How does Sapphire collect IOCs (Indicators of compromise) about threat actors?
Since cybersecurity is ever-evolving, we must constantly learn and adapt to the new security threat trends and proactively try to find answers.
One of our main objectives as a SOC (security operations centre) and an MSSP (managed security service provider) is collecting data from various threat intelligence sources and indicators of compromise.
These sources include past incidents from the open web, the dark web, and technical sources. Our primary source of collections is threat intelligence platforms, both from open-source and the intelligence platforms we use.
In addition, Sapphire actively gathers via the SOC, where the SOC proactively looks for any significant or minor threat information.
We use our platforms to go through a series of different triggered alerts that notify the SOC of any threat news. Additionally, we check a variety of threat posts, threat reports, vulnerability advisories and vulnerability posts. We then extract any available threat data.
Threat data is usually thought of as lists of IoCs, such as:
• Malicious IP addresses.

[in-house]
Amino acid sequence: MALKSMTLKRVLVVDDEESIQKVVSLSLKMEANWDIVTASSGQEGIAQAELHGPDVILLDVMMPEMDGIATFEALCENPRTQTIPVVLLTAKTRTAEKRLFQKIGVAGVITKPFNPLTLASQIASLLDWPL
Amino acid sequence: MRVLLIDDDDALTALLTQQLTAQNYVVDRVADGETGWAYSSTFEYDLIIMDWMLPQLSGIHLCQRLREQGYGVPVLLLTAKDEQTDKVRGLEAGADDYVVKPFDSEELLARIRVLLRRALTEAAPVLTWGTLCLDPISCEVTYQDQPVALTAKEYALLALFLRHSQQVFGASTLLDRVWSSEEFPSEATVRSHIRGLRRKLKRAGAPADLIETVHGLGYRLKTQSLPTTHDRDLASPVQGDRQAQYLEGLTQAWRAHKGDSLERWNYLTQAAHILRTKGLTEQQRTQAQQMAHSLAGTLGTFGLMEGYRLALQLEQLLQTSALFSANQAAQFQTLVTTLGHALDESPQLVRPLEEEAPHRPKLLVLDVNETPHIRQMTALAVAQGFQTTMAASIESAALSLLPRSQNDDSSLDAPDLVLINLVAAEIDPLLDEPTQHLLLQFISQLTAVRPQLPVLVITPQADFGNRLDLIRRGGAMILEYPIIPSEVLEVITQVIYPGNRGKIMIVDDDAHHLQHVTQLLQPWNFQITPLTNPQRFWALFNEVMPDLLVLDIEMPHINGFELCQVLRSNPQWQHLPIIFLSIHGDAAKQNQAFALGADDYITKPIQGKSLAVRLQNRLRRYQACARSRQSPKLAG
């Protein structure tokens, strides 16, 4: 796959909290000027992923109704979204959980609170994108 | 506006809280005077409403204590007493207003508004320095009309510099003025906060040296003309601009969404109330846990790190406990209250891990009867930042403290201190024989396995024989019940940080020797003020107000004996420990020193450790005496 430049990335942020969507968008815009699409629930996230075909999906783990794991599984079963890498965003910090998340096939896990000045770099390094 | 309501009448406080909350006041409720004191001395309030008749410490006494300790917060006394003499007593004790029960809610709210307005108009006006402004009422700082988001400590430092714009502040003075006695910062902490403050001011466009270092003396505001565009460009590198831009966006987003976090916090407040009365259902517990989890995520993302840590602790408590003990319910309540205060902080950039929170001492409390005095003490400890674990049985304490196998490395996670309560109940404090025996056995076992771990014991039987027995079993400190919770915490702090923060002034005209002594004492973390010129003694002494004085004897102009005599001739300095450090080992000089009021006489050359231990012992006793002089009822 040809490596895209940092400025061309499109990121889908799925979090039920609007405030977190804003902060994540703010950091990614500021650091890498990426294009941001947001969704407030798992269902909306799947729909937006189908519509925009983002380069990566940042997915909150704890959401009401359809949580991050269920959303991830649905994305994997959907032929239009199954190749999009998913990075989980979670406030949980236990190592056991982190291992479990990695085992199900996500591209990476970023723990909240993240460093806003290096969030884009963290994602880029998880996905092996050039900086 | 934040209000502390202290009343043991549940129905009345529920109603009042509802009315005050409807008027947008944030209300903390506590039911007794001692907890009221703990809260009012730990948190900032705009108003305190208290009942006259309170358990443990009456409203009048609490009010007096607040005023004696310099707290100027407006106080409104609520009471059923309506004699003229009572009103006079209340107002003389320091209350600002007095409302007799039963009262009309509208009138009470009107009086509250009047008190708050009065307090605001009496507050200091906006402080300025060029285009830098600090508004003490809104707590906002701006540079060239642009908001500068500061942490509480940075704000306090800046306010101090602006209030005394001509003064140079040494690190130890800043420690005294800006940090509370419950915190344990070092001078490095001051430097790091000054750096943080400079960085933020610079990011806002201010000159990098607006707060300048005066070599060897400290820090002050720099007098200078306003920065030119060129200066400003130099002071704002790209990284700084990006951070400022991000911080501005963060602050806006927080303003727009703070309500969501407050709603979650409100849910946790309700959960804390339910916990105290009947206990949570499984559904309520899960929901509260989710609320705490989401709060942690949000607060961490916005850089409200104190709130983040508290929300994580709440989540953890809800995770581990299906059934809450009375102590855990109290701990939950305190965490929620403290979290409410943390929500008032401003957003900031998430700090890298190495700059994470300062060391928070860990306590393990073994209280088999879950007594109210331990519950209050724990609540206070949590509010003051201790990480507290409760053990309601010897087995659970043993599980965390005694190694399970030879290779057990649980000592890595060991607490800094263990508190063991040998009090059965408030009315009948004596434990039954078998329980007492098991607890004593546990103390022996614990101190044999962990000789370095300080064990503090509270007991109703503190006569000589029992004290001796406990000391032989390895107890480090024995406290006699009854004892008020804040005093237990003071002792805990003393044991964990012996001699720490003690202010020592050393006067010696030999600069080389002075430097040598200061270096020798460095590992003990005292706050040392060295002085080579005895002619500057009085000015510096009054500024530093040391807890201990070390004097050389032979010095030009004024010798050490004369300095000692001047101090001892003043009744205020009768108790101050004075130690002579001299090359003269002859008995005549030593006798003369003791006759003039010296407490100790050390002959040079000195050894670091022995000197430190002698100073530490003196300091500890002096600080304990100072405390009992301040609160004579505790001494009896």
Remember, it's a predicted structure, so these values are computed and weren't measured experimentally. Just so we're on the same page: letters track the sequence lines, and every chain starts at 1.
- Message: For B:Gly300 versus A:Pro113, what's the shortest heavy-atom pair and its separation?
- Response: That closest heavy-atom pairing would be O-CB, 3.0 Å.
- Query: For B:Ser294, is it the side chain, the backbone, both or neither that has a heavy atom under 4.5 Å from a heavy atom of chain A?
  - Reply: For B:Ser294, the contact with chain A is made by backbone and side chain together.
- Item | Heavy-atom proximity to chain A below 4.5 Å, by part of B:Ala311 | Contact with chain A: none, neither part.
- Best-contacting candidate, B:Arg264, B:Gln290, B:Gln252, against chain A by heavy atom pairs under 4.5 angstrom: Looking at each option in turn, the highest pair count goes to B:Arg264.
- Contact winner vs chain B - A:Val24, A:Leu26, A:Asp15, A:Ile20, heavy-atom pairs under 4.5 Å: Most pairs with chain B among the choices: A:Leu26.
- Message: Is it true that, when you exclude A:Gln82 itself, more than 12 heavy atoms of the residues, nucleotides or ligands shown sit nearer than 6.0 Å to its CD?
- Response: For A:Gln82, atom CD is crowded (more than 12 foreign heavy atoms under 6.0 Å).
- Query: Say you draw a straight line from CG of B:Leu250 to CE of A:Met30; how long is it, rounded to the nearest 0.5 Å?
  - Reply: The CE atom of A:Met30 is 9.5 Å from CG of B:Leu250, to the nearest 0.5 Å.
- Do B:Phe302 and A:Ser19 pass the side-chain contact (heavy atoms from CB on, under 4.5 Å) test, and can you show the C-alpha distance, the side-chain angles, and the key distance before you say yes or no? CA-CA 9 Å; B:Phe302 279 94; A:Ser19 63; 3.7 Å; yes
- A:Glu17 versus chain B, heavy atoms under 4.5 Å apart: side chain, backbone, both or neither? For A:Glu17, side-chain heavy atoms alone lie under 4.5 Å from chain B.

• File hashes.
• Vulnerability information: such as the personally identifiable information of customers.
• Raw code from paste sites.
• Text from online sources or social media.
How does SIEM, EDR detect and defend against threats?
Threat intelligence data can take many forms, but the idea is to get the data into a format that we can use in our SIEM, EDR and CTI services. Most of our platforms are capable of parsing information into relevant fields for easy comprehension by human beings.
The threat data or IoCs are getting manually analysed and reviewed. We create customised rules, alerts, dashboards, reports, investigations, and more based on the collected IoCs.
Not all IoC information is reviewed manually. IoC data integrated into specific rules to alarm certain things will likely have gone through a manual review process.
Most IoCs will be identified and processed automatically before getting pulled into the SIEM/EDR platform, where that information can then trigger alerts.
At Sapphire, we also write reports on a specific circumstance whenever a threat or vulnerability affects our customer(s). We then proceed with providing recommendations whilst enhancing our detection and defence against those threats.